(My apologies to Josh Flynn and Katie Iniech, who presented on Please Don’t Come Back from the Moon the night that my camera/phone was on the fritz. I’ll get their reverse storyboards up later!)

I found these presentations fascinating, and I think my students learned a lot about linking from this process of unlinking, relinking, reshuffling, rebuilding, straightening, unstraightening, charting, color coding, encapsulating–which forced them to notice things they might have missed otherwise. 

Now, they are getting ready to workshop their own linked stories, and they’re not reverse storyboarding anymore. They’re charting their own course now. 


Winesburg + Prezi

This week, we read and discussed Winesburg, Ohio in my Linked Stories workshop. Oh, how I love this book. I wrote about it here. 

In my class, we “reverse storyboard” the books we’re reading, to take them apart, mix them up, arrange, rearrange, and put them back together again. I don’t think there’s any better way to learn how to structure your own collection than to mess around with the order of a published book in order to learn what makes it tick, how different orders produce different effects and can provide an entirely different reading experience. 

Last week, we turned the poems of Spoon River Anthology into detached, movable pieces. This was easy. I just printed the poems on separate pieces of paper. The poems themselves are thumbnail sketches or screen shots. 

When you’re trying to reverse storyboard a work of fiction, you have to distill each chapter/story down into that thumbnail or screen shot. The thumbnail can be a physical artifact (using Post its, index cards, posterboard, the blackboard) or a digital one (using Scrivener,, Power Point, or Prezi). No matter how you do it, the storyboard must be visual, and there must be some logic to how you arrange it so we can “see” the entire structure of the book somehow.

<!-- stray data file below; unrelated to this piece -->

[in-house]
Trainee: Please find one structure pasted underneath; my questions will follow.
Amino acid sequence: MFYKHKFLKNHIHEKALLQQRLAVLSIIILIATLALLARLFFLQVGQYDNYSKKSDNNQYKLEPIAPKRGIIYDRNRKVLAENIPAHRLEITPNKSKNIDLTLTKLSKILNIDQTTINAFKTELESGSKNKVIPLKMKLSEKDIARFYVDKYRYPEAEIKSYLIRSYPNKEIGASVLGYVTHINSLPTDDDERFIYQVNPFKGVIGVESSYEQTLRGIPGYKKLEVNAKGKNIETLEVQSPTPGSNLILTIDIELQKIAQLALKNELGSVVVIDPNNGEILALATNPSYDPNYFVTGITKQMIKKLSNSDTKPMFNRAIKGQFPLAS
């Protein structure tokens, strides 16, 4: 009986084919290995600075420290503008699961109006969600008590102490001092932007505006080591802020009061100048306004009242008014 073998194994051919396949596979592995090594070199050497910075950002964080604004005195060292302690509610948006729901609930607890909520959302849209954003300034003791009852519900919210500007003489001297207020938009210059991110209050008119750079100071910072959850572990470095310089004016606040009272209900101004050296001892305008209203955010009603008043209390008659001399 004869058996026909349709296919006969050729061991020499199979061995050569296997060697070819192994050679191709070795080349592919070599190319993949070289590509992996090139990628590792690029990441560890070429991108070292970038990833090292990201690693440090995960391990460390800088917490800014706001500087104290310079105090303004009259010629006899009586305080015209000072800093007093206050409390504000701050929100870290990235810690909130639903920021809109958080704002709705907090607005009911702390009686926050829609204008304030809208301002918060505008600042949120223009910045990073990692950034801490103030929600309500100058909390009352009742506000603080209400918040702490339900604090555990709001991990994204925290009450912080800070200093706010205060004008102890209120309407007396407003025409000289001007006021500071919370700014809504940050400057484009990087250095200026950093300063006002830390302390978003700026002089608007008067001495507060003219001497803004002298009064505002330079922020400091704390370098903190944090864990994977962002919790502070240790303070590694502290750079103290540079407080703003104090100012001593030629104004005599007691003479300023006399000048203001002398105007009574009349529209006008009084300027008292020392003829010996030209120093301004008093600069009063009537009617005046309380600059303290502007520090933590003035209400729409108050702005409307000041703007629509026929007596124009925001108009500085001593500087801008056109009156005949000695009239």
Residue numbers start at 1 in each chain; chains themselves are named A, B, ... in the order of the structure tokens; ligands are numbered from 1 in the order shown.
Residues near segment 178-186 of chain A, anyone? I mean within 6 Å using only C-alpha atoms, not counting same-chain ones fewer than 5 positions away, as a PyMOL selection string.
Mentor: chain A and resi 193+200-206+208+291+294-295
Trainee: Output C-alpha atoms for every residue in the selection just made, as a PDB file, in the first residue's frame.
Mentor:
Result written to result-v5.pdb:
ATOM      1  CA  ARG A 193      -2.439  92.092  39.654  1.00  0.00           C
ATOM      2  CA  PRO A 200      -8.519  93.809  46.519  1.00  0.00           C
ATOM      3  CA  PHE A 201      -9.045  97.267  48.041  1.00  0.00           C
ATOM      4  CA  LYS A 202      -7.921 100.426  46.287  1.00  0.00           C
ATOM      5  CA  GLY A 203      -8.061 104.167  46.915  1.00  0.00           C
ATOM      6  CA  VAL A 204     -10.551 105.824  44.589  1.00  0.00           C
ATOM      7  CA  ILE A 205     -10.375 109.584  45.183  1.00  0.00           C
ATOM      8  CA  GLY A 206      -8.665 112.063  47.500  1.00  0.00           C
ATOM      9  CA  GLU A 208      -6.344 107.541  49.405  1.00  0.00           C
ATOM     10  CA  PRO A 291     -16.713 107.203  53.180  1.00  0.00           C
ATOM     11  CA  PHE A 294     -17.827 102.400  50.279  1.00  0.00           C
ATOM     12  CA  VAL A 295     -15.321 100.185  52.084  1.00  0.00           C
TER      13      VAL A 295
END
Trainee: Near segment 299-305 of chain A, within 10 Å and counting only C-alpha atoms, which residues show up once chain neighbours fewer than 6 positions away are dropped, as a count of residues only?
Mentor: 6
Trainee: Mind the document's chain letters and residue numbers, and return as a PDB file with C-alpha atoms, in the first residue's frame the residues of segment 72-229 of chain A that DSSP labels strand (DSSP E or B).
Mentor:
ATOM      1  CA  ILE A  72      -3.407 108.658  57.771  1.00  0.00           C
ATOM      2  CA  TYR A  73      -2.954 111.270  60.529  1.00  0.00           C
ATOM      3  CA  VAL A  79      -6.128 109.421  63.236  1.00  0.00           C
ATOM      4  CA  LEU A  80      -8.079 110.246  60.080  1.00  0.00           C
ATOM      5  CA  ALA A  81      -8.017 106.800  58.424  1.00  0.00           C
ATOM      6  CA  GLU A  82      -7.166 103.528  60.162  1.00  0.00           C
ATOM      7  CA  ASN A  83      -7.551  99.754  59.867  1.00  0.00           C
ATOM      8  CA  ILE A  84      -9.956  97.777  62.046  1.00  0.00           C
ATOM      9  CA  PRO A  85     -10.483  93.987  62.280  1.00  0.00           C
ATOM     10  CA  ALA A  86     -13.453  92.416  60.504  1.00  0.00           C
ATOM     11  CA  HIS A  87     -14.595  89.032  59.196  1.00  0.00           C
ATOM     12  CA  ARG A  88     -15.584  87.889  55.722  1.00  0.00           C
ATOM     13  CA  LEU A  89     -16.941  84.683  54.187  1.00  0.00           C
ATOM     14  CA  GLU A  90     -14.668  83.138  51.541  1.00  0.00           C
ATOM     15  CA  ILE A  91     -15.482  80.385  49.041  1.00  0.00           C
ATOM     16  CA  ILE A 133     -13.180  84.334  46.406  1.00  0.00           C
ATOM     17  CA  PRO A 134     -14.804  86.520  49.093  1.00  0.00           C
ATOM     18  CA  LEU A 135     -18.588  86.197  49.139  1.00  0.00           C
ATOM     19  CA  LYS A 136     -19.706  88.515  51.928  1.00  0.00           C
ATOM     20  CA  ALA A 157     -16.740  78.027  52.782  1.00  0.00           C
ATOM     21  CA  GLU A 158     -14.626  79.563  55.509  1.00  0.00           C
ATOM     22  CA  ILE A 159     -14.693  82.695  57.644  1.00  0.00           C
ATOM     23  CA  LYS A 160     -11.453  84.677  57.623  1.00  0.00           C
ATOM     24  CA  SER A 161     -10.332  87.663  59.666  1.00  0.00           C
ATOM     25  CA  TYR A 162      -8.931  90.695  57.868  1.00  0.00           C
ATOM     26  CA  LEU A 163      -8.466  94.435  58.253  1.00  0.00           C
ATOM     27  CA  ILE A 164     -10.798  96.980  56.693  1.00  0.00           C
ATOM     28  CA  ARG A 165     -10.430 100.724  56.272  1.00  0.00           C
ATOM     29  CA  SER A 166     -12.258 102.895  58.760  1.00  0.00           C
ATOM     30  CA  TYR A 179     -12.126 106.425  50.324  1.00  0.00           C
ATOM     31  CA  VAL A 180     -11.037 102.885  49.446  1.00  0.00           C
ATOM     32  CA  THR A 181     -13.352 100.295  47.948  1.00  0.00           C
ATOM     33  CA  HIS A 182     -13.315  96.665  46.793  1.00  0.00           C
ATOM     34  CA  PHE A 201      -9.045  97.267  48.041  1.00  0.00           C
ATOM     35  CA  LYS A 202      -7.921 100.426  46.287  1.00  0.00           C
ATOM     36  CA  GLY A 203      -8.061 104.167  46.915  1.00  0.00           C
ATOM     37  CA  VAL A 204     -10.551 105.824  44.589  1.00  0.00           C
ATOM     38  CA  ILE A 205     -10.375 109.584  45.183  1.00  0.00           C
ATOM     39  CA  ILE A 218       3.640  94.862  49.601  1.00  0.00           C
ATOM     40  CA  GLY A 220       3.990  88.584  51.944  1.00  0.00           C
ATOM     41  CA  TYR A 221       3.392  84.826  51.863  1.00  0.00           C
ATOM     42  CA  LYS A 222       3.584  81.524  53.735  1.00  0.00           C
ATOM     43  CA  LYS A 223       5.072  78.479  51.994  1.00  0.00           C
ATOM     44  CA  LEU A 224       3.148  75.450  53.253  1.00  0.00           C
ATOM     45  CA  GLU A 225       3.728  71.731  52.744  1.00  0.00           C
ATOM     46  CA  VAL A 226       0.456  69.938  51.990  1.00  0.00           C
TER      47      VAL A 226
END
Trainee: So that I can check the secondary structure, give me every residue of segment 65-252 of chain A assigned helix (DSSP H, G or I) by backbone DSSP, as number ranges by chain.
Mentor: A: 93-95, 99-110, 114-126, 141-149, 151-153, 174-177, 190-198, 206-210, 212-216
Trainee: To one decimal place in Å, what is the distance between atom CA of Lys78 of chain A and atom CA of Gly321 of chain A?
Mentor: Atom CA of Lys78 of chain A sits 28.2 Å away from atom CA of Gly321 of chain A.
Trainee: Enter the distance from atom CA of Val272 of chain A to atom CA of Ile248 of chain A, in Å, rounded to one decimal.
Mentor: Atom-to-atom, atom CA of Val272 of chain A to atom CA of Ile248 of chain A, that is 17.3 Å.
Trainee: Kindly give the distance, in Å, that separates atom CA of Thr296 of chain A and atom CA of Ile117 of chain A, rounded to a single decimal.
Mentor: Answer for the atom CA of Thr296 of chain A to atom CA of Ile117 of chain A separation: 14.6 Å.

One of my students, Kat Greene, used the presentation software Prezi to storyboard Winesburg. Here she is, walking us through the thumbnails, or in Prezi-speak, “frames.”

Basically, she typed up brief paragraph-long synopses of each story and decided on an arrangement that involves the degree to which each story is related to George Willard, the “through line” of Winesburg, Ohio. The big red circle is George, and the one story that’s all about him is the very last story in the book, “Departure.”

Winesburg, Ohio storyboard on Prezi

As you can see, most of the stories “revolve” around George Willard–literally. The four stories sitting off to the right side, that’s “Godliness,” a four-part story that never mentions George; it doesn’t totally “fit” into Winesburg, and you can actually see that in the Prezi. Other “loose” stories on the screen are those in which George Willard isn’t really mentioned, but as you can see, the stories in which he plays a role as a character far outnumber the number of stories in which he doesn’t–which is one of the main reasons the book reads more like a novel than a collection of disparate short stories. 

Next week, we’re reading Evan S. Connell’s Mrs. Bridge, a book widely regarded as a novel, but what I find interesting about it formally is that it’s comprised of 117 individually titled vignettes. It will be interesting to compare it to Winesburg.